Republicans sought to do damage control for GOP presidential candidate Mitt Romney on Tuesday after a senior adviser’s tap-dance on the healthcare mandate.

New Jersey Gov. Chris Christie in an appearance on Fox News suggested Romney adviser Eric Fehrnstrom misspoke when he called the mandate a penalty and not a tax, while other Republicans suggested Fehrnstrom’s comments were merely a trial balloon.

“I think sometimes we get obsessed over what different spokespeople will say,” Christie said of Fehrnstrom, a closer personal friend of Romney’s.

“It’s very important for us to distinguish between what a spokesperson might say on TV and what the candidate himself is going to say. I listen to Mitt Romney. And when Mitt Romney speaks, I see a candidate that’s now more self-confident, more self-assured, more on message than at any time during the campaign,” Christie continued.

He went on to insist that he had “thought all along it was a tax.”

Fehrnstrom angered many Republicans with his comments in a Monday interview on MSNBC because they conflicted with the emerging Republican argument that the mandate is part and parcel with a massive tax increase imposed by President Obama.

Republicans rallied around that argument after the Supreme Court ruled the healthcare mandate was constitutional because it was a tax. It represented the lone solace for many Republicans since it practically gift-wrapped anti-tax attack ads for the GOP.

For Romney, however, the tax message has problems since he championed a similar health law as Massachusetts governor.

Calling the mandate a tax, as a result, could lead to crowing that he raised taxes as governor. Romney’s campaign is also worried about attacks that he is a flip-flopper, and he consistently had described the mandate as a penalty.

Romney’s hopes are understandable, but Republicans said they are antithetical to the goals and instincts of their down-ticket allies. As a result, GOP strategists and fundraisers were still grumbling Tuesday that Romney should get back on message.

“They’re letting him and his campaign know about it,” said Republican strategist Chris Ingram said. “Absolutely there is backlash. It would take a very sharp arrow out of the Republican quiver, but Republican candidates across the country are not going to back down. The Supreme Court said it’s a tax, so it’s a tax, and all House and Senate Republicans running for reelection will continue to say it’s a tax.”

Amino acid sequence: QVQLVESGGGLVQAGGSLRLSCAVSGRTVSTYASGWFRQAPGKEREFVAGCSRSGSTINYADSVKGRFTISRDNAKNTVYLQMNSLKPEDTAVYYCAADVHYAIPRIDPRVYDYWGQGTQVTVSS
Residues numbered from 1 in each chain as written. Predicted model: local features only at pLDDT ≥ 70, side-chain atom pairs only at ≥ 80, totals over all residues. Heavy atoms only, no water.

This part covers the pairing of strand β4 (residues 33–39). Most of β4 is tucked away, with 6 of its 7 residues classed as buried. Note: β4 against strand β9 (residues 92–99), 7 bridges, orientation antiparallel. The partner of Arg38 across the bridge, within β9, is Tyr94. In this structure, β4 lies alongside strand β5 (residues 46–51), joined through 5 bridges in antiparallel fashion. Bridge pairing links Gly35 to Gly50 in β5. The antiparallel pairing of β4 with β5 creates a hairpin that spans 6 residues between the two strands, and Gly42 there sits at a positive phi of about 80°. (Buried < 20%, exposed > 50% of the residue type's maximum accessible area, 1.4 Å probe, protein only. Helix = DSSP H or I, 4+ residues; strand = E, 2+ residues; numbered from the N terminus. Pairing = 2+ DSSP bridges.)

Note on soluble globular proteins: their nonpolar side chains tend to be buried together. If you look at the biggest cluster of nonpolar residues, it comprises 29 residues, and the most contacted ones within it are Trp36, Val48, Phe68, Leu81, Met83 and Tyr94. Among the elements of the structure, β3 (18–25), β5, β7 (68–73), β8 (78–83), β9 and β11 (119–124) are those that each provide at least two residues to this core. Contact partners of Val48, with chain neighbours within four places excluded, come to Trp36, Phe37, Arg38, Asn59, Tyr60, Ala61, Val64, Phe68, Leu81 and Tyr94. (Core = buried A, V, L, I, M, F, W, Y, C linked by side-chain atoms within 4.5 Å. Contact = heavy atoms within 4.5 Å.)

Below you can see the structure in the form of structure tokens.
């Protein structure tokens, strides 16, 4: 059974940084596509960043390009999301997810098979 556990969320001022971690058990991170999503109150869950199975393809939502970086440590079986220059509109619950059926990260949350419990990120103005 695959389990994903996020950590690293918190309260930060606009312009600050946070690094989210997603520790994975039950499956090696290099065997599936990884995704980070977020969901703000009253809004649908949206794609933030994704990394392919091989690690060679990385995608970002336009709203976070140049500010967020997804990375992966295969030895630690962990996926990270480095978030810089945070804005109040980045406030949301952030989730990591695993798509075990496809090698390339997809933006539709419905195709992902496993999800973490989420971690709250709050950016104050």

GOP strategists said the GOP was unlikely to back down from the argument regardless of Romney’s line of attack.

“Hill Republicans are not going to sacrifice their competitive advantage on the tax issue to provide cover for the Romney campaign on the issue. Your primary interest is making sure your opponent owns the largest tax increase in the history of the country,” said Republican strategist Matt Mackowiak.

But Mackowiak said that Republicans knew there “was going to be some turbulence considering Romney's history here, and that was easily predictable.”

“Did it possibly decrease some of the enthusiasm that Republicans had? Yes, but part of that enthusiasm was going to wane anyways,” Mackowiak said.

Ingram suggested that the Romney campaign knows the distinction is untenable, but used Fehrnstrom to see what they could get away with.

The strategist pointed out that while Fehrnstrom called the mandate a fee, and Romney spokeswoman Amanda Henneberg didn’t explicitly contradict the notion that Romney believed it to be a fee, that until Romney himself says something concrete, he’s free to correct his subordinates.

“I think it’s floating a trial balloon, just like with what Joe BidenJoe BidenCNN's Anderson Cooper mocks WH press secretary over Fox News interview Yang cautions Democrats: Impeachment might not be 'successful' Ocasio-Cortez: Sanders' heart attack was a 'gut check' moment MORE came out and said before Obama changed his position on gay marriage,” Ingram said. “This was a very orchestrated trial balloon to have a senior level staffer state a position, and then it is relatively easy for a candidate to say he spoke out of line, or that he didn’t speak for us. It wouldn’t be as easy to handle something like this if Romney had said it.”

But in appearing off-message — and flouting Republican leaders on Capitol Hill who had focused attacks around the tax message — Romney may be risking alienating top donors, and putting campaign staff at risk. Both Fox News owner Rupert Murdoch and former GE chairman Jack Welch suggested on Twitter that Romney should shake up his campaign staff.

Fehrnstrom, who was also responsible for the infamous "Etch A Sketch" gaffe earlier this year, has drawn particular ire.

“Romney's not very well known on the Hill, Fehrnstrom is especially not well known, and he was already on thin ice,” said a Republican strategist who did not want to be named.

Realistically, Romney is unlikely to make any major changes. The core of his campaign staff has been with him since he was governor, and top personal advisers like Fehrnstrom are both longtime employees and personal friends.

But the candidate must be careful not to allow the confusion further distract from momentum the campaign was seemingly building in the aftermath of the Supreme Court decision. Romney's team reported millions in online donations from tens of thousands of new donors in the hours after the court announced its controversial ruling.

“I would expect you’ll hear [Romney] come out and correct it next week,” Ingram said.